Subscribe

Grace does not respond in anger

Sometimes there is a jolt of hot energy that runs through your body when you witness injustice, feel stressed or irritated, receive the full heft of someone else's upset, or read or hear something that goes against your values. Sometimes that jolt of hot energy happens when you don't get what you want.

Sometimes...Is it often?.... when you experience that jolt of hot energy, it inspires you to react with abrasive words, aggression, defensiveness, derision, sarcasm, or anger. That's because, just like steam in a boiling pot or lava under the Earth's crust, hot energy looks for a means of expansion and escape. It bubbles up and out of the vessel of your being, spilling onto other people, pets, even inanimate objects.

Anger, we're told, is natural. It is one of the basic human emotions. It happens to everyone. It should not be repressed. It's just one of the occasionally-unpleasant realities of life, and there is nothing we can really do about it. At least, this is the sort of thing we tell ourselves when we are furiously typing a sneering comment on a Facebook post, or getting into an argument with a family member, or snapping at our spouse. It happens to everyone, right?

But what if we saw it differently? That jolt of hot energy, that anger, does not have any inherent value. Just because you experience anger does not make it unavoidable that you do anything about it. It is merely an electric spark in the web of light, fundamentally undifferentiated from any other spark, such as passion, love, and grief. It is energy influenced by the release of hormones in your body. That's all. It doesn't have to mean anything concrete or specific. In fact, if you look at anger, and all other strong and forceful emotions, they are actually warning signs that it might NOT be time to take any action or say anything decisive, and to instead analyze why the emotion arose to find what made us feel so intense before we choose to respond at all.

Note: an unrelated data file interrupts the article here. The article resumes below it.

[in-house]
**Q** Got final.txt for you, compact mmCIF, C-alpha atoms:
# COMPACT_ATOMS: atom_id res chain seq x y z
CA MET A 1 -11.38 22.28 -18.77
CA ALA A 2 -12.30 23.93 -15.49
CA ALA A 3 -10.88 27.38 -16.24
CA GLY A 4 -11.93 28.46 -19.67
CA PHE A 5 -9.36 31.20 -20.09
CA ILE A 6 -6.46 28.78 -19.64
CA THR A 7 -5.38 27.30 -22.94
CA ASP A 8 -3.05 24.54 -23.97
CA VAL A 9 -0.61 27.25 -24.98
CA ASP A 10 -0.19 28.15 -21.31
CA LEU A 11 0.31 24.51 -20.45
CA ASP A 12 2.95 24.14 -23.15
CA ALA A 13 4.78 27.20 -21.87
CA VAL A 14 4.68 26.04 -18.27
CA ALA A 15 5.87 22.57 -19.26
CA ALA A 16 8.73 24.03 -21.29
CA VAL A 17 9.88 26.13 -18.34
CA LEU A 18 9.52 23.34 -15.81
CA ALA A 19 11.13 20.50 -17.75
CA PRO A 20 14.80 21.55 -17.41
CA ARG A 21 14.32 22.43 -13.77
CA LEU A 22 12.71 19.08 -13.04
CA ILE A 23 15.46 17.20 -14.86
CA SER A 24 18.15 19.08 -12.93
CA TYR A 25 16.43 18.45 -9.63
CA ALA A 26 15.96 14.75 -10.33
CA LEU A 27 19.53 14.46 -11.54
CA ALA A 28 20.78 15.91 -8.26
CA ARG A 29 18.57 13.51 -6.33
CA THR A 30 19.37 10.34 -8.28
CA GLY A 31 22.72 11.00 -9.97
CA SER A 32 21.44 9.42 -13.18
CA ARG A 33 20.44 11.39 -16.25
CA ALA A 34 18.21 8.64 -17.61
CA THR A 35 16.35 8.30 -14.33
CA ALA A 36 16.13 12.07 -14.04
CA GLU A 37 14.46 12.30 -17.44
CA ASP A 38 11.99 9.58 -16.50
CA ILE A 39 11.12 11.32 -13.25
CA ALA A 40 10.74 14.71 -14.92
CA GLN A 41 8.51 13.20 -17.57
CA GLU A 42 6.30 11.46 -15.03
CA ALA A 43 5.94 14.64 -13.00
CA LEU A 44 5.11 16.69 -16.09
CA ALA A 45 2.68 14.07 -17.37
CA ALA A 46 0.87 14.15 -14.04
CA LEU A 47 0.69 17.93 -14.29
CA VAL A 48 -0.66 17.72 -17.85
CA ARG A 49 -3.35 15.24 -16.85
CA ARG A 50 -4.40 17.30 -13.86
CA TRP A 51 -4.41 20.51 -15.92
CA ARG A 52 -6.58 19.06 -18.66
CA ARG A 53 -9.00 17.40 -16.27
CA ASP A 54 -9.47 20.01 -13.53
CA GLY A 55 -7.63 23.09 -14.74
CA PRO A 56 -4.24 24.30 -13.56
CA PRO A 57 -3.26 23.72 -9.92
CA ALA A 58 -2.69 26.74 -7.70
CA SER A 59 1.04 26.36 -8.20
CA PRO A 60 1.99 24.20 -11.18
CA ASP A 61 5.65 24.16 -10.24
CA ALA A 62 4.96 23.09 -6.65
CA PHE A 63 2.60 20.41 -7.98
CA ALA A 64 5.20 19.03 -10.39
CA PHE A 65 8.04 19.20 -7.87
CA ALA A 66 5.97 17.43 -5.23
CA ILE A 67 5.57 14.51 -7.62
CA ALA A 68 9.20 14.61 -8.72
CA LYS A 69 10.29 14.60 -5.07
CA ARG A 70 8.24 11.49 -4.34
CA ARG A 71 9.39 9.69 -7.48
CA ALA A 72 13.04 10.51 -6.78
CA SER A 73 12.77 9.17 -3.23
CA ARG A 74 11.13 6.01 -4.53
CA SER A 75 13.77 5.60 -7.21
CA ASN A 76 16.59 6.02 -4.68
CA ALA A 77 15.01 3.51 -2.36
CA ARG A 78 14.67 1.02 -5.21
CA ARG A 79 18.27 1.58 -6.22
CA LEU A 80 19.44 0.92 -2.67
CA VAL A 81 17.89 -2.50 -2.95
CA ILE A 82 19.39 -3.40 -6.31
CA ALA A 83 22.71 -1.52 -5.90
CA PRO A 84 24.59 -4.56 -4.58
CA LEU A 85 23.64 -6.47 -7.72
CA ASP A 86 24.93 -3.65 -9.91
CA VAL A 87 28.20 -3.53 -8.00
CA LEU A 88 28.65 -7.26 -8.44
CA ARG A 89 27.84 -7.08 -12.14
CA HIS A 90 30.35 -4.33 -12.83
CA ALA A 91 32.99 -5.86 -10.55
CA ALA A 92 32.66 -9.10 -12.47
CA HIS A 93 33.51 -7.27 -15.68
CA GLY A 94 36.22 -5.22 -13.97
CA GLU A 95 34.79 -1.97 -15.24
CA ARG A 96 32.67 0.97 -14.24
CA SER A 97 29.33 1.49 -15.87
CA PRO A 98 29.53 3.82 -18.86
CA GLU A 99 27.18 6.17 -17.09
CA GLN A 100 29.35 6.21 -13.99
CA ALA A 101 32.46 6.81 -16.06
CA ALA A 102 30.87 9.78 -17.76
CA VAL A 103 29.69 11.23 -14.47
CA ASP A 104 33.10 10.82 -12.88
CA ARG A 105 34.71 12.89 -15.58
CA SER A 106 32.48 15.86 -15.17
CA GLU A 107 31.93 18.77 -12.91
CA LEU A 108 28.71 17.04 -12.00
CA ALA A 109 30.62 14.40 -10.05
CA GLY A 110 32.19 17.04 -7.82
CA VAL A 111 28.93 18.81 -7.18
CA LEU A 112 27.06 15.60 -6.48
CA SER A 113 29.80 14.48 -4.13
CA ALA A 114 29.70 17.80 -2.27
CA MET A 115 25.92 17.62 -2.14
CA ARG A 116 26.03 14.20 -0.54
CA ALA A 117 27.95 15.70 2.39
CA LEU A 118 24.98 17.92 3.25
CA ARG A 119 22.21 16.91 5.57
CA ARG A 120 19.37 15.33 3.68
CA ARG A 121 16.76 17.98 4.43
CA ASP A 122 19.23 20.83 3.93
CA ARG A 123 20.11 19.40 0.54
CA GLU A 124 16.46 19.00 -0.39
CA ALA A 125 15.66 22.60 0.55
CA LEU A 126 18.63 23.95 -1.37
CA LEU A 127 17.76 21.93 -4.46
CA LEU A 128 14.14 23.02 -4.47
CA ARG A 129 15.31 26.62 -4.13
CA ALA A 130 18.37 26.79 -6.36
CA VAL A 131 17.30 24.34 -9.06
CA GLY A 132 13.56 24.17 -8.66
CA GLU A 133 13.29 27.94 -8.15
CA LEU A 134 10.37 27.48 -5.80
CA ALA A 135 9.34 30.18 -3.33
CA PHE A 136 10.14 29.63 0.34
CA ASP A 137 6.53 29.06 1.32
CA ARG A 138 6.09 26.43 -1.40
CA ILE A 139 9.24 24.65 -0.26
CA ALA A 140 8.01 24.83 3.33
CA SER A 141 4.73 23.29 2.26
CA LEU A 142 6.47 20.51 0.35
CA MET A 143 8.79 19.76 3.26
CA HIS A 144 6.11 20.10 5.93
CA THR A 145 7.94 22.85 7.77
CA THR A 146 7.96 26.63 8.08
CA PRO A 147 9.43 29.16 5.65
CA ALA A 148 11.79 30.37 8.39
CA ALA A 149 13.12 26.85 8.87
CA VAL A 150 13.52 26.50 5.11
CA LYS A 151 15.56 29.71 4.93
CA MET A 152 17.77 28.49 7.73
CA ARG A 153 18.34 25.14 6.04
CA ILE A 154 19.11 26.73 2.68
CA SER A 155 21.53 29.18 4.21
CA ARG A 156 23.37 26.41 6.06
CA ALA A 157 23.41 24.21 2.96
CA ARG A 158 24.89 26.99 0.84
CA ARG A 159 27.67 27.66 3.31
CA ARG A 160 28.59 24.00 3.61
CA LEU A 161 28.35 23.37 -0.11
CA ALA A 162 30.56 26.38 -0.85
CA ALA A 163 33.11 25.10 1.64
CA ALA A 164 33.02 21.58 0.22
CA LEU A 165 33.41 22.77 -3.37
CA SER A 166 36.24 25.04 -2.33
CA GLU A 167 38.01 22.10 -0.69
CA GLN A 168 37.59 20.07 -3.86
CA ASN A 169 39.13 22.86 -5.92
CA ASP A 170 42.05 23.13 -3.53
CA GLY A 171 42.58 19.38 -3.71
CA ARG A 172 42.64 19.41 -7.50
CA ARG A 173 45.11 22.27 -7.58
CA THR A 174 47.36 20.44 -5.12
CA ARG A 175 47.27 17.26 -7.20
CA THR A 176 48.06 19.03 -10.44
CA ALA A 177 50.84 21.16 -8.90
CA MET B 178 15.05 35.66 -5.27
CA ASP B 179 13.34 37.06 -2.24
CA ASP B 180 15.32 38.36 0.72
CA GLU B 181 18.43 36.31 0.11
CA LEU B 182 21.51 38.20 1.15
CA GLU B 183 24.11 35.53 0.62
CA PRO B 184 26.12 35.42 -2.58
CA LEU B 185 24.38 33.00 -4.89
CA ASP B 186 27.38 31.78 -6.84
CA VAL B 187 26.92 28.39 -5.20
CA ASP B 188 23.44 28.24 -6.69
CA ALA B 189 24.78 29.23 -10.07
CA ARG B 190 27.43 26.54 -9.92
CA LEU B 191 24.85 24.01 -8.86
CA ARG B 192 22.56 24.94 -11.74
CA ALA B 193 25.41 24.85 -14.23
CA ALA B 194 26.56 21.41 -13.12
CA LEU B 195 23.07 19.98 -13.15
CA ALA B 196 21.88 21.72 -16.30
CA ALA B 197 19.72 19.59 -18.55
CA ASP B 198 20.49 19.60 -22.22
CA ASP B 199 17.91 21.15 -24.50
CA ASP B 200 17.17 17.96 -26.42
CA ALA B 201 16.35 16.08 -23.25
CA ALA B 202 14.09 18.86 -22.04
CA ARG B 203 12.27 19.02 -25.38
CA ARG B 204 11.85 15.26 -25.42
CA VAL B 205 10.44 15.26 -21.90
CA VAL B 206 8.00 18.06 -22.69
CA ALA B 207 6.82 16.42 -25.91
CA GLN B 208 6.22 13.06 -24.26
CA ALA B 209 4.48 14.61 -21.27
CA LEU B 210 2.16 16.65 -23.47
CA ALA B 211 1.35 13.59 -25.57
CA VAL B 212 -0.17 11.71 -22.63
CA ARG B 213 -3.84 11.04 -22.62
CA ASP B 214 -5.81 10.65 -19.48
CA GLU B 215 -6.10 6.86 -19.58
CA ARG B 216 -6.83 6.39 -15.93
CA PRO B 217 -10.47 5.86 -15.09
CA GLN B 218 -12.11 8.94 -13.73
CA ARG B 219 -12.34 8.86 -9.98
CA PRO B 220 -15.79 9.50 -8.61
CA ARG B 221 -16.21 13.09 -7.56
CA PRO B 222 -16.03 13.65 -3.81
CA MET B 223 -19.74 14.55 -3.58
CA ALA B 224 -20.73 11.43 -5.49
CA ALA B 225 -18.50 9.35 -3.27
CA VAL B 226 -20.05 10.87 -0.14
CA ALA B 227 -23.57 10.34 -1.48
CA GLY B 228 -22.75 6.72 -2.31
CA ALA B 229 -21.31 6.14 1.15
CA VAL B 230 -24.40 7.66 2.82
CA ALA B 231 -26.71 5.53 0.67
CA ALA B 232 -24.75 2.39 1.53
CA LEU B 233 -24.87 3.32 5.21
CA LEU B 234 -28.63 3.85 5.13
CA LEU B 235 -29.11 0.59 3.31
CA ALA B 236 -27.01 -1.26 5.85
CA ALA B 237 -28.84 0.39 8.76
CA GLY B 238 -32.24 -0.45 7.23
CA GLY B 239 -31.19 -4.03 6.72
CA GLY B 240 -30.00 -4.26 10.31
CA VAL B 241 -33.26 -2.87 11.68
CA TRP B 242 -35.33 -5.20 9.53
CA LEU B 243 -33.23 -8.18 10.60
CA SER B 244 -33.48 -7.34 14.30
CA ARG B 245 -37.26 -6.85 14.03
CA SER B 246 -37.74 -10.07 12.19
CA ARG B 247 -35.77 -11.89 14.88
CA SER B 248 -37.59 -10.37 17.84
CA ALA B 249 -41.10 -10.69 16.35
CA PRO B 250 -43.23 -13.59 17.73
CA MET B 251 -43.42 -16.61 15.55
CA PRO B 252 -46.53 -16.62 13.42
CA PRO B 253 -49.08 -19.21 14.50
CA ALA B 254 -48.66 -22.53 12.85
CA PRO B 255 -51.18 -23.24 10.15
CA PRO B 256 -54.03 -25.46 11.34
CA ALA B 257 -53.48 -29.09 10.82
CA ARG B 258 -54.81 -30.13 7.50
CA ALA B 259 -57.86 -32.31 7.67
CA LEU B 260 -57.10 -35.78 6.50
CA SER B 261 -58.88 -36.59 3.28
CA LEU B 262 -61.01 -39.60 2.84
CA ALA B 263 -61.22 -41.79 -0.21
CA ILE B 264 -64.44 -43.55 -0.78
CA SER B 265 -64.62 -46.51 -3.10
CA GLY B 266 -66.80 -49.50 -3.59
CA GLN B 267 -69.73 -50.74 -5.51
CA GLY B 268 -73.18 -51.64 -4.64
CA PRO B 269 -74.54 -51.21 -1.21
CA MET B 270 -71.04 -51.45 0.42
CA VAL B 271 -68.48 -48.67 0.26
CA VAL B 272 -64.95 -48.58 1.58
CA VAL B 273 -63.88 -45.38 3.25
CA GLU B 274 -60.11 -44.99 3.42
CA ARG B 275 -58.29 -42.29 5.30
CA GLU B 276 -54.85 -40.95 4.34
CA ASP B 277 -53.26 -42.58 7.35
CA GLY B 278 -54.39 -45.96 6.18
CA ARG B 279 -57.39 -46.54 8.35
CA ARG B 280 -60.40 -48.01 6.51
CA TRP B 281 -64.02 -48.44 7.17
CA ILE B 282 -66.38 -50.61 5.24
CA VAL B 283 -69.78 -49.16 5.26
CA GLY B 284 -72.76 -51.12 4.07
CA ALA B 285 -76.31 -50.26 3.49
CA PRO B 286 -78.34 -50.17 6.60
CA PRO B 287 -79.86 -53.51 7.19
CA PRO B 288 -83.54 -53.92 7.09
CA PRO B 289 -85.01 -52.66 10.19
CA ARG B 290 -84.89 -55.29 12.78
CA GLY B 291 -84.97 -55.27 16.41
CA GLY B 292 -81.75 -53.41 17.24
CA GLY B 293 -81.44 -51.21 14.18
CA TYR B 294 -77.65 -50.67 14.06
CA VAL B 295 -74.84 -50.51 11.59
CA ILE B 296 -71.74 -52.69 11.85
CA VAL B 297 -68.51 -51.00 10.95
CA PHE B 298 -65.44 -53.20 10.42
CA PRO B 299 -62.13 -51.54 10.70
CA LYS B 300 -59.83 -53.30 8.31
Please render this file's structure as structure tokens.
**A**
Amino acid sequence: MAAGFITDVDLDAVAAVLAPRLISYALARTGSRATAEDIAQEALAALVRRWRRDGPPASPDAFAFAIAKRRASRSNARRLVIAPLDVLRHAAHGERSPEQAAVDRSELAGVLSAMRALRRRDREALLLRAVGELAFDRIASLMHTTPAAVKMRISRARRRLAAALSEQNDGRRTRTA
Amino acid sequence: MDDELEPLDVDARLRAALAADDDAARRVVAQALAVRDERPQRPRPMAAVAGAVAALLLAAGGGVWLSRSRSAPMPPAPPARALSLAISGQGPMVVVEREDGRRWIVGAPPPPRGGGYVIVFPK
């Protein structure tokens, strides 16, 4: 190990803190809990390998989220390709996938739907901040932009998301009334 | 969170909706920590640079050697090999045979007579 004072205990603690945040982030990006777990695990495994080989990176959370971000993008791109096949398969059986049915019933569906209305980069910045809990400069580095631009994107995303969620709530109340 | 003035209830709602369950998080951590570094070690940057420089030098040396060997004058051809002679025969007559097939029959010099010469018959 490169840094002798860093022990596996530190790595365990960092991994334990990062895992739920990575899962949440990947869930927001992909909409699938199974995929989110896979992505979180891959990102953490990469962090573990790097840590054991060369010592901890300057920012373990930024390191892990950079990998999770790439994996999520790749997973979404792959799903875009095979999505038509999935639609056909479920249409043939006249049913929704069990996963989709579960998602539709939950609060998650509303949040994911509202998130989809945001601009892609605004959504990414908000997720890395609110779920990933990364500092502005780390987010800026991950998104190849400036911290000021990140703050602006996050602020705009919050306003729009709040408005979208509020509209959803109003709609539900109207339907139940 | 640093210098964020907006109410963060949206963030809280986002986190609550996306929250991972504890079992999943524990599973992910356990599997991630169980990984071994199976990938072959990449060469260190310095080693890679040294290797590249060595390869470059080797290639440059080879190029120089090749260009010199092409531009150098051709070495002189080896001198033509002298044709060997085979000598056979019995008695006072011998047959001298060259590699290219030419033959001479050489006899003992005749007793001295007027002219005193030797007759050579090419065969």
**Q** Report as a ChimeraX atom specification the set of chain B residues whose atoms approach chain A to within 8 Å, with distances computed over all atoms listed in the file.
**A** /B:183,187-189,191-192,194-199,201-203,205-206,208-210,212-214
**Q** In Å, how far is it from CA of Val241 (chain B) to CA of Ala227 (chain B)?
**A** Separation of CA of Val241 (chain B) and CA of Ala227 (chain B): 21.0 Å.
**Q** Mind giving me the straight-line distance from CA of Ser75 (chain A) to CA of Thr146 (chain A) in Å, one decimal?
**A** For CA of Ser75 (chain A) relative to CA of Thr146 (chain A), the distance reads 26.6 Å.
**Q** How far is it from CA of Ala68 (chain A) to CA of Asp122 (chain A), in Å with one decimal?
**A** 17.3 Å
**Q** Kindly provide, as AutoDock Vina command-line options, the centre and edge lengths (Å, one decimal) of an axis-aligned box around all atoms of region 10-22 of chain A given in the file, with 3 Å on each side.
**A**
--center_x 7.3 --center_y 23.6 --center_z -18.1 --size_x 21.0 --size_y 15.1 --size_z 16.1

Right now, in the US, we tend to read anger as power. This is because, like a nation of schoolyard children, we both revere and revile those who express anger publicly through shaming and bullying, from the snide judges on talent shows to the snark of celebrity feuds to the politics of authority in our government. It's a big problem that simplistic and childish expressions of the anger, rage, upset, and fury have become a sort of addictive process by which we entertain ourselves. What if our culture was not governed by so much anger? What would we have instead?

We would have grace.

Grace does not respond in anger. Grace pauses, breathes, and reflects. Grace gets above the situation and looks at it from a better vantage point. Grace takes the high road. Grace walks away. Grace remains firm but polite and persistent. Grace sets boundaries instead of feeling put-upon. Grace is both uncompromising and unthreatened. Grace is self-possession written in the language of inner peace. Grace is a vehicle for compassion.

Grace says, "You are allowed to have your opinions...and so is everyone else." Grace says, "This is the demon of injustice, and in order to defeat it, I will not employ its tactics." Grace says, "There is nothing that justifies my desire to diminish another human being." Grace says, "I will be myself, and I will not stand in anyone else's way of doing the same." Grace says, "If someone else is directing their anger at me, I will witness the ways in which the hot lava of their suffering is spilling over onto me, and I will not propagate that cycle of pain."

Grace is power. It is the power to not demean yourself or others. It is the power to stand tall and know that while you are not better than anyone else, you also do not need to participate in what they are doing. It the the power to be who you truly are, which is a spark of light in the web of light that underpins all existence. Some might say that grace is a gift from the divine. In fact, grace IS divinity itself, in living, breathing form. You.